Google has expanded the reach of its Street View mapping service to a remote island in the South Pacific, allowing web users to virtually climb inside an active volcano.
Google Maps partnered with Geoff Mackley and Chris Horsley from travel firm Ultimate Volcano Expeditions to capture the inside of the Marum crater on the Vanuatuan island of Ambrym. The pair descended 400 meters into the volcano to take 360-degree photographs of the molten lava lake.
“You only realize how insignificant humans are when you’re standing next to a giant lake of fiery boiling rock,” Mackley said.
Ambrym is home to a second active volcano called Benbow, as well as more than 7,000 people who live in dozens of villages in the surrounding rainforest.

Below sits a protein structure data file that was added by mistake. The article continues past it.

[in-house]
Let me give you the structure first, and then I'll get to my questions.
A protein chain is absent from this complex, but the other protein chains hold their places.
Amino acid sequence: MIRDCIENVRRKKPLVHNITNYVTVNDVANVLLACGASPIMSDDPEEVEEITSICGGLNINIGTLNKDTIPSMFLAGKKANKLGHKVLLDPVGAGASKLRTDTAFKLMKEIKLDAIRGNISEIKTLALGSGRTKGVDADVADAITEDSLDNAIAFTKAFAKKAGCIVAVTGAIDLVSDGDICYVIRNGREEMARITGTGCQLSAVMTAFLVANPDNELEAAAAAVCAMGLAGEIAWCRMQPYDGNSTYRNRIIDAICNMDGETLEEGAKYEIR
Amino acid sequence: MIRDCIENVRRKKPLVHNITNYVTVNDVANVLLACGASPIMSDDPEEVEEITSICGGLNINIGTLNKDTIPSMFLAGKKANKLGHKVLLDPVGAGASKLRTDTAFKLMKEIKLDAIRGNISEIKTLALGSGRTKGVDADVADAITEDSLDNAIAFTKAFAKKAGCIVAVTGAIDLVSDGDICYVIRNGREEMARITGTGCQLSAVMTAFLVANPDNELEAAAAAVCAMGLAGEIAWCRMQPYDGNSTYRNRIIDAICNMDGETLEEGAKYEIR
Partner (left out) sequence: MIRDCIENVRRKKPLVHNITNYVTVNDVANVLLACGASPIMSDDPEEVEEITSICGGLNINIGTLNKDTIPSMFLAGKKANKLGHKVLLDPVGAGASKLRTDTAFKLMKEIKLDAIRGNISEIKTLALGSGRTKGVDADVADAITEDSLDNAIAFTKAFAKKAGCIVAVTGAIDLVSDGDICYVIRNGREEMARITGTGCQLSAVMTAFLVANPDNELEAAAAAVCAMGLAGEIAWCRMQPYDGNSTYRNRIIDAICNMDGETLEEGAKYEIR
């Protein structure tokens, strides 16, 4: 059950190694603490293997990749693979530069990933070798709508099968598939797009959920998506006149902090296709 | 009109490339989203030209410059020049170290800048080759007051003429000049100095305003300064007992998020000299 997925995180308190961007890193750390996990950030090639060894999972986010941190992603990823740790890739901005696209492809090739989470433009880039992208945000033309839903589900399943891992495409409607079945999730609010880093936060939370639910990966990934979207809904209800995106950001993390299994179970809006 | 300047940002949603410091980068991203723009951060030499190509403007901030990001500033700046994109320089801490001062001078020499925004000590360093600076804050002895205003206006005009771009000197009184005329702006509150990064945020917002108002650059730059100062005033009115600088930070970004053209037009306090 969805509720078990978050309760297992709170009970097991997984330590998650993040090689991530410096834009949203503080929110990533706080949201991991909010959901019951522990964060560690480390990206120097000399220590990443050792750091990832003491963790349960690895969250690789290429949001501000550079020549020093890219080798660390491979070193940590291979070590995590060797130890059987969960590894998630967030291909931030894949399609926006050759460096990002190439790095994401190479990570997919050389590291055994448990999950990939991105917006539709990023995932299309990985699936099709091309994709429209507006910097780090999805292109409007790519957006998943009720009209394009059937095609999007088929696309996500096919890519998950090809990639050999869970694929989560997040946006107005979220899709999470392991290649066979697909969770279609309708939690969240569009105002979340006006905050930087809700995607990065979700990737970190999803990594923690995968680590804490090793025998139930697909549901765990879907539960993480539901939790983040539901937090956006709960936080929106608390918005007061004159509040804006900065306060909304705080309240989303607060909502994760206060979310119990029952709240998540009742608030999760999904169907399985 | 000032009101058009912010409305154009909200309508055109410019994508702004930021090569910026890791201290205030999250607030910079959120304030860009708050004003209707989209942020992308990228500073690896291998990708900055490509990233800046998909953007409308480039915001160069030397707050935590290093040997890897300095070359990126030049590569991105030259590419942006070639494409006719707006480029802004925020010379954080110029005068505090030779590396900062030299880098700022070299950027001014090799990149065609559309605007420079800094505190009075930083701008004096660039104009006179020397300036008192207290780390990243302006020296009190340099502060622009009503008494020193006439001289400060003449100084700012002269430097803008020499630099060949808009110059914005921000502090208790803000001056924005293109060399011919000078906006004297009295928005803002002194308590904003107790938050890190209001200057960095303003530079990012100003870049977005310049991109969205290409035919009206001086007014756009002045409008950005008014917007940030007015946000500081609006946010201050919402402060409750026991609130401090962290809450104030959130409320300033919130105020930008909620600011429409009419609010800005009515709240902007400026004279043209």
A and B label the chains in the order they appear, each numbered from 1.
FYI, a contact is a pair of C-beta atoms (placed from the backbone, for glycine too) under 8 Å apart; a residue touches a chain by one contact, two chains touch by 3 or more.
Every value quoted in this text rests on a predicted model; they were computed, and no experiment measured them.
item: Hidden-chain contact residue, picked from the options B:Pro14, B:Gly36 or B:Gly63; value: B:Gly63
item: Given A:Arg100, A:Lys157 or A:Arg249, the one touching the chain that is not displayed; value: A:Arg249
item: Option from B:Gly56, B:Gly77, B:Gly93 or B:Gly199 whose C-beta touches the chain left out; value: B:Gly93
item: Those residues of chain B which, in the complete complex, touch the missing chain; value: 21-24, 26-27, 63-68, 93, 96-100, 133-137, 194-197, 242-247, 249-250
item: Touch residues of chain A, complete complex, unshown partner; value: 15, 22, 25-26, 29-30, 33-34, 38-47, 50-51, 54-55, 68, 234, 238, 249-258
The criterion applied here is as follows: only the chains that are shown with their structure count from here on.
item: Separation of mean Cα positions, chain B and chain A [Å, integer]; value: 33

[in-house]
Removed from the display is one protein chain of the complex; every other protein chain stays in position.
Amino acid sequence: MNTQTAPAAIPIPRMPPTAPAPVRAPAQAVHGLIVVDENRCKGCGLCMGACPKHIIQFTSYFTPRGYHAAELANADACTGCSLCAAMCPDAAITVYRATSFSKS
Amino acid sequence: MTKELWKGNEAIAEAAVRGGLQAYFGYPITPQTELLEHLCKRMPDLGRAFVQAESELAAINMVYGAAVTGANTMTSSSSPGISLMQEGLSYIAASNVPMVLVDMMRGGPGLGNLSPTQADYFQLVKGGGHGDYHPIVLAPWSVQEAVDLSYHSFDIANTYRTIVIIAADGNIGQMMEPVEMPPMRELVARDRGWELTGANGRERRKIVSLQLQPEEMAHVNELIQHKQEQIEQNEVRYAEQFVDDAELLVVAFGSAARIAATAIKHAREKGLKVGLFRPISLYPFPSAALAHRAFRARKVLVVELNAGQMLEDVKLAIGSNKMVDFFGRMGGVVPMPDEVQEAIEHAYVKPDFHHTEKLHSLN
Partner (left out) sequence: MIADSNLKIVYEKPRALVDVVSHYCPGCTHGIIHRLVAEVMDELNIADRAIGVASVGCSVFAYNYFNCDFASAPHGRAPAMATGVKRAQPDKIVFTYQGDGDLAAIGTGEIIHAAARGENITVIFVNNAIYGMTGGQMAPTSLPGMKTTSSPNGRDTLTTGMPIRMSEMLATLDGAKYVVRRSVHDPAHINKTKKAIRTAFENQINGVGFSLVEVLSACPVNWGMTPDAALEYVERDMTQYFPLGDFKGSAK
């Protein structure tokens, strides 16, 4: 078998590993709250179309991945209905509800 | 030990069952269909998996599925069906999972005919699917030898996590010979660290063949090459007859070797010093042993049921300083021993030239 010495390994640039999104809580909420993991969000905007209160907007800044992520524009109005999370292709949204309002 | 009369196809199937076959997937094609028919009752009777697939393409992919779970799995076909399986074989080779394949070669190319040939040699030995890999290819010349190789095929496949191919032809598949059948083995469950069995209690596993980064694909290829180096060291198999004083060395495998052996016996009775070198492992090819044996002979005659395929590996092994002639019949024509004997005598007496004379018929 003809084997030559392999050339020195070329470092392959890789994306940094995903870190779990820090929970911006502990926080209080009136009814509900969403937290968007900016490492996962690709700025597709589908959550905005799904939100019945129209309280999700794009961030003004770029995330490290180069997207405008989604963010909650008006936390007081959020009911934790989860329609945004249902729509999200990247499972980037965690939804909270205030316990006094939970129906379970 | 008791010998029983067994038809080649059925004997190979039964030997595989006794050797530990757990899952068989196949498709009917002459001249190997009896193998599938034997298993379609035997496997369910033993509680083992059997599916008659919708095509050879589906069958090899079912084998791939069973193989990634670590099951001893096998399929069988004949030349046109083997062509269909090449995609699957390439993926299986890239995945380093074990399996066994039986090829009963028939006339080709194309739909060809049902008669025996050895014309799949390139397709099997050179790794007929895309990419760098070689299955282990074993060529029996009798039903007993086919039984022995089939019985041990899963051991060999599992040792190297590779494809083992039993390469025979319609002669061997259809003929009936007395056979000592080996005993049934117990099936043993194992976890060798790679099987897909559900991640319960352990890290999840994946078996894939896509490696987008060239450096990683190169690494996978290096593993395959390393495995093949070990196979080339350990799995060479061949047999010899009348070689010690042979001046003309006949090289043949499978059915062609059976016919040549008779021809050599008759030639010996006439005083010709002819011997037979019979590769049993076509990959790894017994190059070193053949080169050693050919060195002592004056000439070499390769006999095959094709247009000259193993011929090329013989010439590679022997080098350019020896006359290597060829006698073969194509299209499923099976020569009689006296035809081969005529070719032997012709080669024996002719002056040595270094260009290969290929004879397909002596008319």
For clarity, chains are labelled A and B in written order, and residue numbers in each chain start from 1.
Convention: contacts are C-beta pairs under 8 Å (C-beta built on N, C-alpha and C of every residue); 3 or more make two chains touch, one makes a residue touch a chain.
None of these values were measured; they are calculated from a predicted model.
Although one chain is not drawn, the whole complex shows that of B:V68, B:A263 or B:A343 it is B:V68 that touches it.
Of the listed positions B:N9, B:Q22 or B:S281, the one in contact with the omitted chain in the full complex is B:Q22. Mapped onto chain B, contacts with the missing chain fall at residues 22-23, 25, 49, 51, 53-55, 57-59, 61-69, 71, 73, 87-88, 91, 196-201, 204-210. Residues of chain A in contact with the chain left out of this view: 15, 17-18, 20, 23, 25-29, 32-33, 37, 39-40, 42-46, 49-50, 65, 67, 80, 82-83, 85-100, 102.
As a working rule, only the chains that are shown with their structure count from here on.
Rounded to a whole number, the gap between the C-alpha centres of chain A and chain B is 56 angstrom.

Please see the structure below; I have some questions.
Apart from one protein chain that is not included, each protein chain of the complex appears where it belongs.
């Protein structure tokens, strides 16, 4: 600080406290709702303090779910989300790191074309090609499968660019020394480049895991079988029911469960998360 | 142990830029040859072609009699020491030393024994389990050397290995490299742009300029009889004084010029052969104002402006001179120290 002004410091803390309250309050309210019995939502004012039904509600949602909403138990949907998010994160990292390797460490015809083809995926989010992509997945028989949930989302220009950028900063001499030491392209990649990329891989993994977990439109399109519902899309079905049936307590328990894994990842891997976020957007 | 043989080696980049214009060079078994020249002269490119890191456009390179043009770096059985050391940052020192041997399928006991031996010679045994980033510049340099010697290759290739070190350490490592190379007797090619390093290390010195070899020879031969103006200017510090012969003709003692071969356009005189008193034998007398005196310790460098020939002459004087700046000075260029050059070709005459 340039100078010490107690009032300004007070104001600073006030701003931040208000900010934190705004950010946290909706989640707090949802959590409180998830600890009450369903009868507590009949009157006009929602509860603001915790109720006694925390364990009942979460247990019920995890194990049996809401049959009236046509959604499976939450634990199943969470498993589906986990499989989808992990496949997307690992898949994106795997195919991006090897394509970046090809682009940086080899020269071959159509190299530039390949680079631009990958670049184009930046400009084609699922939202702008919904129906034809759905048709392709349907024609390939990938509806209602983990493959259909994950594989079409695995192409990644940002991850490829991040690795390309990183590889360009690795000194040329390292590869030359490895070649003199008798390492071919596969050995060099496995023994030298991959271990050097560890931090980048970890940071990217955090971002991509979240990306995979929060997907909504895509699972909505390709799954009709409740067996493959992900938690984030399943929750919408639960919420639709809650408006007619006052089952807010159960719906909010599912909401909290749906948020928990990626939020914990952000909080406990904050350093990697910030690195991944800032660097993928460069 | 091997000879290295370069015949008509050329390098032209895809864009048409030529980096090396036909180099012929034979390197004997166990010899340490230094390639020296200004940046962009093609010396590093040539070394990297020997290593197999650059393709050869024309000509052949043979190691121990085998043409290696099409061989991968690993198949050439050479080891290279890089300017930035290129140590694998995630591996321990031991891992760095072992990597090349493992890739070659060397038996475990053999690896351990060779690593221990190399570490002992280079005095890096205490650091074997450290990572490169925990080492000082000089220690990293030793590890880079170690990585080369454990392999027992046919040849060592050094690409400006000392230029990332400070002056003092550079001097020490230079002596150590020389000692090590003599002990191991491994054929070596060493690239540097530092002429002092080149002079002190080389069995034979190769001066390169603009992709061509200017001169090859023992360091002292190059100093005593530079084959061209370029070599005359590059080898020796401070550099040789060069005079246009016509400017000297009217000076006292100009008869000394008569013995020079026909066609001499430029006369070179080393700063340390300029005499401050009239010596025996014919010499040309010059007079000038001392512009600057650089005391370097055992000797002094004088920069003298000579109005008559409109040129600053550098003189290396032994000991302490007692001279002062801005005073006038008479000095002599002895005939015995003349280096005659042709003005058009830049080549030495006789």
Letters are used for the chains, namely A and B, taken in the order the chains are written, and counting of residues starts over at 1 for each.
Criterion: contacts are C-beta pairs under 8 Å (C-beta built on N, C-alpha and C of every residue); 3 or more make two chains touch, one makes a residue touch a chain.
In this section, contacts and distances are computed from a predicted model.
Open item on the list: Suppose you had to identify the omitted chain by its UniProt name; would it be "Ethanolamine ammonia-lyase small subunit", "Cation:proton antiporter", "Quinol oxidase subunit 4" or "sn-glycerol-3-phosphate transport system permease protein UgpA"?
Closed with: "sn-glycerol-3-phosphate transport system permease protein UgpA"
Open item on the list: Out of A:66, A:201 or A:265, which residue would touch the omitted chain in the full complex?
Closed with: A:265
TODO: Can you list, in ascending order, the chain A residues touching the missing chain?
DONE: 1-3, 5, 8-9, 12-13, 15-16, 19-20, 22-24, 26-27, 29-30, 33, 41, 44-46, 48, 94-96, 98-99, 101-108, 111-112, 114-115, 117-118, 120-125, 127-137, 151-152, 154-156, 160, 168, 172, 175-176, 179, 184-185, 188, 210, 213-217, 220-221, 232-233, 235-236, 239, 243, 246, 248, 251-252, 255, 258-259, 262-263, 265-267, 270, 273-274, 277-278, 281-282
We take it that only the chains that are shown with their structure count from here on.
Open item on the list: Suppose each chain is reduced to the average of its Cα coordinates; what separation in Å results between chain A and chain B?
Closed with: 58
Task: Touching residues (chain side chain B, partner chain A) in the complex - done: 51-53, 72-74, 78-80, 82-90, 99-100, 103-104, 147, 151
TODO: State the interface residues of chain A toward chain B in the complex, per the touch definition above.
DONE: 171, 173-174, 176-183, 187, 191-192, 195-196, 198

One chief from the village of Endu explained the significance of the volcanos to the local population in a Google blogpost.
“We believe that the volcanoes Marum and Benbow are devils. If you go up to a volcano you have to be very careful because the two volcanoes could get angry at any time,” Chief Moses said.
“We believe that Benbo is the husband and Marum is the wife. Sometimes when they don’t agree there’s an eruption which means the spirit is angry so we sacrifice a pig or fawel to the volcano.”
Moses hopes the exposure Ambrym receives through Google Street View will help promote tourism to the island.